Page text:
Singapore is a small island country in south-eastern Asia. Established as a trading post by Stamford Raffles in 1819, it was later a British colony and was occupied by the Japanese during the Second World War. Singapore became a sovereign nation in 1965. It lies near the southern tip of the Malay Peninsula and consists of one large island and more than 50 smaller islands. The Strait of Johore separates Singapore from Malaysia, while the Strait of Singapore defines its boundary with Indonesia.
History of Immigration and Settlement
Although Asians from Singapore came to Australia as an occasional source of labour during the nineteenth century and as students from the 1950s, it was not until Australia’s Immigration Restriction Act of 1901 was relaxed from 1967 to 1973 that they began to arrive in Australia in significant numbers.
In 1961 there were 169 Singapore-born South Australians. By 1966 there were 227. Most were probably of European descent.
Singapore’s prosperity is reflected in the fact that few arrivals from that country have received assistance from the Australian government. Singapore-born Australians are generally fluent in English and highly educated. They are often engaged in professional occupations.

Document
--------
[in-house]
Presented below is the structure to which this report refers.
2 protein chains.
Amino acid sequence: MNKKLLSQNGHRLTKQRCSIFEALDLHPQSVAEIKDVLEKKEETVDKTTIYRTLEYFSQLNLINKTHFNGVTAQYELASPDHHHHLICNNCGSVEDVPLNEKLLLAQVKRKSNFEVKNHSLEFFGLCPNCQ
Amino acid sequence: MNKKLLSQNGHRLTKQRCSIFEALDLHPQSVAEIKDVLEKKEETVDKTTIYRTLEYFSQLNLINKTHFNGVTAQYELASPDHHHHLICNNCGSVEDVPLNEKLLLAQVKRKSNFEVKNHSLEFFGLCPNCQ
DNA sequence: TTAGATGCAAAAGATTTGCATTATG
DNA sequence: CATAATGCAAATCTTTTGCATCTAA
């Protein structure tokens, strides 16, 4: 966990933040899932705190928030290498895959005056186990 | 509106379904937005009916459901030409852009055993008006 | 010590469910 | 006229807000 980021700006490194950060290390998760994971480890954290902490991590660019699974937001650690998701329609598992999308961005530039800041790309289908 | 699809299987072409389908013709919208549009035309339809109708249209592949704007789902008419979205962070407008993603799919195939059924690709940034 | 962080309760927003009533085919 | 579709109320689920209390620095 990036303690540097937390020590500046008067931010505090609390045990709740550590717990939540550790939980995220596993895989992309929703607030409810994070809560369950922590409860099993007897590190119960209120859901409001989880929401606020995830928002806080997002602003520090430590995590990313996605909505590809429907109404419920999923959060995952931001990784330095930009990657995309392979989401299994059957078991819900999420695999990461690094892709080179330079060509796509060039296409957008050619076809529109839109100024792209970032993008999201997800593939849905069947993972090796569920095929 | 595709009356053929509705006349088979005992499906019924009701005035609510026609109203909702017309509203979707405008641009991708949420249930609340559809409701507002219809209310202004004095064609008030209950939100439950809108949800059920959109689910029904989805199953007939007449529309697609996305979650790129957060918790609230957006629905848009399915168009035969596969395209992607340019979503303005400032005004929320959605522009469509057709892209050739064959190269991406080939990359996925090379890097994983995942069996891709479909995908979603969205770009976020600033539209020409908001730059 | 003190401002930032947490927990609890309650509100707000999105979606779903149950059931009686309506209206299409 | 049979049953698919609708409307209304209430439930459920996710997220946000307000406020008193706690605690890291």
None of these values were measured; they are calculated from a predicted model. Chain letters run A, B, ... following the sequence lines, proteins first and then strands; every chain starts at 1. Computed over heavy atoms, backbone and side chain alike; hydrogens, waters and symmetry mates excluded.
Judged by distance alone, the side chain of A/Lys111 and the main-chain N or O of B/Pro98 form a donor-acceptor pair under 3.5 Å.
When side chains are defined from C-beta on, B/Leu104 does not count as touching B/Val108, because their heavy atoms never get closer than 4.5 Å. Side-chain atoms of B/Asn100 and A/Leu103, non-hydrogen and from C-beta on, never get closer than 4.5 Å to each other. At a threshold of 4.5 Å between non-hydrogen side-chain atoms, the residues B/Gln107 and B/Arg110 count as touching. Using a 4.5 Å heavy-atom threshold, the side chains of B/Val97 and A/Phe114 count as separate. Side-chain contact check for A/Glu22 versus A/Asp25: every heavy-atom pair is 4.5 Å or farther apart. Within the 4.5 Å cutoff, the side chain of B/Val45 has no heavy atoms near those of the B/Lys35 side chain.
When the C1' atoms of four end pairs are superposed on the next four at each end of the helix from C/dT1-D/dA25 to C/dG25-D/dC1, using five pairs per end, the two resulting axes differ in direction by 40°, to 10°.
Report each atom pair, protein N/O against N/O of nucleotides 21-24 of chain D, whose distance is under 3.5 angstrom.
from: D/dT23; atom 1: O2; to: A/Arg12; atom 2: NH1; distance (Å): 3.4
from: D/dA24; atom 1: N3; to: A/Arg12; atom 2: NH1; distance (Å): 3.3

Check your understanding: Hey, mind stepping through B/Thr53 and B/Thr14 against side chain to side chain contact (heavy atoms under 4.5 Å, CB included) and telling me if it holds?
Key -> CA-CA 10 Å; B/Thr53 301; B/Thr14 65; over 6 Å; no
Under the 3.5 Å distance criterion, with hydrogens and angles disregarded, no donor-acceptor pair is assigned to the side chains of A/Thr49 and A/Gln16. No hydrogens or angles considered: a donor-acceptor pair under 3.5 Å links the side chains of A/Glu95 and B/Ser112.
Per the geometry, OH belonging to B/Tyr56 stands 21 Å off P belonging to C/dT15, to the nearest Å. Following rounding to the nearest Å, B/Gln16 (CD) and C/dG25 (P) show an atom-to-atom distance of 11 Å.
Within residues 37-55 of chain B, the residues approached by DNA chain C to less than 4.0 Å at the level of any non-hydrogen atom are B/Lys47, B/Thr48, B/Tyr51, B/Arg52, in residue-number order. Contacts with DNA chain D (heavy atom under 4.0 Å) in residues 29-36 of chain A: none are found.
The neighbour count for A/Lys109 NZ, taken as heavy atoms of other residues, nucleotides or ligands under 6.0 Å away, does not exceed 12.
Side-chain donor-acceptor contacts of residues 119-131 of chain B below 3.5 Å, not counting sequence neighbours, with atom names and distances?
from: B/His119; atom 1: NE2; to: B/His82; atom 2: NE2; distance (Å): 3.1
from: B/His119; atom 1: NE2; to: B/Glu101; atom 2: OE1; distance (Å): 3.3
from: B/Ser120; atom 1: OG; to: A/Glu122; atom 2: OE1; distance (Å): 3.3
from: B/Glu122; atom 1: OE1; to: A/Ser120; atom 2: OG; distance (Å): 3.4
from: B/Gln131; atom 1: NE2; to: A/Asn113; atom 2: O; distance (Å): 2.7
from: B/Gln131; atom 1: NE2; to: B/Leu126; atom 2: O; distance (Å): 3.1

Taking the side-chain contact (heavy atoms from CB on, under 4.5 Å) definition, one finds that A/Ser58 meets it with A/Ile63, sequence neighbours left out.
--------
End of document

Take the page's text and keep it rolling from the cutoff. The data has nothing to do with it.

Seventy-five per cent of Singapore’s people are of Chinese descent. Malays, Singapore’s largest minority group, form 15 per cent of its population. The rest of Singapore’s people are Indian, European or Eurasian. Cultural divisions are of continuing importance in contemporary Singapore, so there are no collective Singaporean organisations in South Australia. For information on community activities and organisations, consult the Chinese, Malaysian and Indian entries.
The 1986 census recorded that there were 880 Singapore-born South Australians.
According to the 1991 census there were 1,142 Singapore-born South Australians. 930 people said that their mothers were born in Singapore, and 828 that their fathers were.
According to the 1996 census there were 1,172 Singapore-born South Australians, just 4.0 per cent of the national total. The second generation for this birth place group was 591.
The 2001 census recorded 1,382 Singapore-born South Australians.
The 2006 census recorded 1,766 Singapore-born South Australians, while 155 people said that they were of Singaporean descent.
The 2011 census recorded 2,104 Singapore-born South Australians, while 259 people said that they were of Singaporean descent.
The 2016 census recorded 2,488 Singapore-born South Australians, while 312 people said that they were of Singaporean descent.